When you got dressed this Monday Mormon I hope you put on clean underwear because, as my mum used to say, “You never know when you might be in an accident and how embarrassing when they get you to the hospital and find you’re not wearing clean underwear!” This latest in our 21 Questions we talk about Mormon temple garments. As before, we will look at the questions (Q) and answers (A) with comments (C) and quotes (Qu.)
Q: Is there such a thing as Mormon "underwear"? if so, are all Mormons required to wear it? What does it symbolize?
A: Like members of many religious faiths, Latter-day Saints wear religious clothing. But members of other faiths — typically those involved in permanent pastoral ministries or religious services — usually wear religious garments as outer ceremonial vestments or symbols of recognition. In The Church of Jesus Christ of Latter-day Saints, garments are worn beneath street clothing as a personal and private reminder of commitments to God.
Garments are considered sacred by Church members and are not regarded as a topic for casual conversation.
C: The Mormon temple garment is issued to each Mormon when they go through their first temple endowment ceremony. It carries significant Masonic marks that mirror marks on the temple veil referred to earlier. Mormons wear these garments at all times, and they act as a continuous reminder of covenants made in the temple. To not wear your temple garment is as serious an offence as can be imagined.
Qu. “Wearing the temple garment has deep symbolic significance. It represents a continuing commitment. Just as the Savior exemplified the need to endure to the end, we wear the garment faithfully as part of the enduring armor of God. Thus we demonstrate our faith in Him and in His eternal covenants with us.” (Russell M Nelson, Mormon apostle, Liahona, July, 2001)
C: Note the reference to armour. Like other churches and religions, Mormonism has its apocryphal tales, including anecdotes of ten foot angels, timely encounters and divine appointments and peoples lives being saved from peril by temple garments; truly like armour, although if a Mormon didn’t experience protection guess whose fault it is?
Nothing in the Bible even hints at the wearing of such garments in relation to the every-day devotional life of Israel or of the Christian Church. Members of different faiths, both in the Bible and in history, have worn special vestments, garments or jewellery etc. designed to distinguish them in society, much as a priest’s surplice distinguishes a priest, or as a wedding ring distinguishes a married person. Temple garments cannot fall into this category since there is nothing distinguishing about them because they are invisible to society.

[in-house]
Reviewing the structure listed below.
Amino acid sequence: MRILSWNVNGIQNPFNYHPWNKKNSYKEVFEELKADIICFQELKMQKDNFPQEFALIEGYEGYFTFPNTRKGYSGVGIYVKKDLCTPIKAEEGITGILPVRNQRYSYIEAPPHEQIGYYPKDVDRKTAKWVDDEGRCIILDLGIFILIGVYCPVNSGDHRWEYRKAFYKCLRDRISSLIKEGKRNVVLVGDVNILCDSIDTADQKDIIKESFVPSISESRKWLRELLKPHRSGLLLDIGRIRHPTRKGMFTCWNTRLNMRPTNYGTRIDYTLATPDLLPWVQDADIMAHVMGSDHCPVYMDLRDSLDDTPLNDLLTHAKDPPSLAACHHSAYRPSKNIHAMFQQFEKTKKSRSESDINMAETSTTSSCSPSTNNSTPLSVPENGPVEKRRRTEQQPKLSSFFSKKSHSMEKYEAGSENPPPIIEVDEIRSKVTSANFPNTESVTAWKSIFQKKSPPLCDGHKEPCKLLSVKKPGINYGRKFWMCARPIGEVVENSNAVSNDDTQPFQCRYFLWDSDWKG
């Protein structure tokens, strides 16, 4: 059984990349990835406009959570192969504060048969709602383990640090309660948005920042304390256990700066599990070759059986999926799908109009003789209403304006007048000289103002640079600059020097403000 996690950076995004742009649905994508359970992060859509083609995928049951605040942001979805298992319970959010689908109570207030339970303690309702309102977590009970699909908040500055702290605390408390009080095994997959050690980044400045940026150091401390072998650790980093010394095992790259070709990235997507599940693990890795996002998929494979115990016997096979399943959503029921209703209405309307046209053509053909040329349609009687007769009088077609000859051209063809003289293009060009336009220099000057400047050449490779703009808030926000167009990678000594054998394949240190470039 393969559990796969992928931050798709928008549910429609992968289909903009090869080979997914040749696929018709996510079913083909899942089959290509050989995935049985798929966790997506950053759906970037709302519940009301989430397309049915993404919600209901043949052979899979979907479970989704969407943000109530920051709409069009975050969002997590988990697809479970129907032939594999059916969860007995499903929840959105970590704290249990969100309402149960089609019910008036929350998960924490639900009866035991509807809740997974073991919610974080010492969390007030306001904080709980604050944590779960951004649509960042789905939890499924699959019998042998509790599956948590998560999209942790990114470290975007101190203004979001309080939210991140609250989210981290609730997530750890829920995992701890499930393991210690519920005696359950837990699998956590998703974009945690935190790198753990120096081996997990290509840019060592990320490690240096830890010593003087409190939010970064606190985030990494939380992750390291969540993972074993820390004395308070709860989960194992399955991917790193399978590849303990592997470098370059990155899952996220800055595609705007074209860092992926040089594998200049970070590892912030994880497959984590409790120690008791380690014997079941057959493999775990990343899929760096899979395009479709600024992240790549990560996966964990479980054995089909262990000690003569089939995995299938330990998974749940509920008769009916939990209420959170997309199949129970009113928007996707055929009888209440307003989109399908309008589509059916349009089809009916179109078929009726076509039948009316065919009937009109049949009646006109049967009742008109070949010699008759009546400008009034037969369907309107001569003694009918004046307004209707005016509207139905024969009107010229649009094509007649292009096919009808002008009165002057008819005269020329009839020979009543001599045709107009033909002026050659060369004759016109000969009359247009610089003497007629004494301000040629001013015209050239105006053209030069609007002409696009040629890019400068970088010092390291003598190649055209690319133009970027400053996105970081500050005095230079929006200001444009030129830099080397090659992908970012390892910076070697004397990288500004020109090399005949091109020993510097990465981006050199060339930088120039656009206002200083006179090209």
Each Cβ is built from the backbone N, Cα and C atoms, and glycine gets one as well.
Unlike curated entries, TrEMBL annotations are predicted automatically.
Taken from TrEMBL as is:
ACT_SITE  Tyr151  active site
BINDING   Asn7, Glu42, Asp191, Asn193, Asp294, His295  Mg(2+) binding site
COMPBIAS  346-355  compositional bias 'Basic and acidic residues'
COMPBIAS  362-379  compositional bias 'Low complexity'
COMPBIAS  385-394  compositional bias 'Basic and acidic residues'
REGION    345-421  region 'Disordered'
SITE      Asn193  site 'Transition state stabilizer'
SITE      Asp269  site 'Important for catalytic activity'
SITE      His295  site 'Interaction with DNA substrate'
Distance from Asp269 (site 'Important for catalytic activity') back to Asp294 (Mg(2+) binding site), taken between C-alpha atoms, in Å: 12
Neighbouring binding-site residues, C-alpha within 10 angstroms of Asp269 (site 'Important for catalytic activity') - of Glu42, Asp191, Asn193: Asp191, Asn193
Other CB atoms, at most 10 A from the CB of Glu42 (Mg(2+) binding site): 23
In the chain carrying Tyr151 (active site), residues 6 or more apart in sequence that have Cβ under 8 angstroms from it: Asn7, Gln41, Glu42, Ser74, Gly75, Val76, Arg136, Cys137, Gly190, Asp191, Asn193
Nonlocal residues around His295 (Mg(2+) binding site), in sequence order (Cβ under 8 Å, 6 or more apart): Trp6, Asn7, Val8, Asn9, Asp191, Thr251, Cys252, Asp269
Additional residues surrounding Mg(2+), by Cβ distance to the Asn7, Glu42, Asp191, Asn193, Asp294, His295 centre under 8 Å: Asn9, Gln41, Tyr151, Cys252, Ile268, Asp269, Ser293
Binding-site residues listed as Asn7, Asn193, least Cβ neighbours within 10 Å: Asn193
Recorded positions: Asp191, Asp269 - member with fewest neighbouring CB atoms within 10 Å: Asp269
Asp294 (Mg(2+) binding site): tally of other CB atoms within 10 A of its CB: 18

For some the temple garment is an occasion for mirth and mockery but it is quite wrong to take such an attitude to something that is important to someone’s faith. Trivialising it also detracts from the important fact that, actually, it is a first class method of control since its presence acts as a constant reminder and sort of “silent policeman”.
In a person’s most private and intimate moments its presence is a check on the wearer and can be like a bridle, reflecting perhaps the power and control leaders wish to have as well as their lack of trust in their followers. It must be said that it is also a profoundly effective passion killer except perhaps for those few who might get a kick out of strange underwear and I suppose there are those.
Furthermore, it imposes someone else’s definition of modesty in that you have to wear clothes that cover the substantial (neck to knee) garment. Of course modesty is a characteristic of Christian life but one elects to be modest under the influence of the Spirit and Christian teaching.
This practice of imposing a standard by effectual dictate has been problematic for the church down the years as “eternal standards” change with society’s trends and fashions. The design of the garment which, like so much Mormon doctrine and praxis was considered unchangeable, has changed, from a neck to ankle one-piece item to a neck to knee two pieces, to reflect changes in fashions.
It also encourages an elitist attitude in followers who regard themselves as “superior” because of their involvement in secret ceremonies and their wearing of special clothing compared to others who are not initiated as are Mormons. In all these ways it forms a real barrier on so many levels.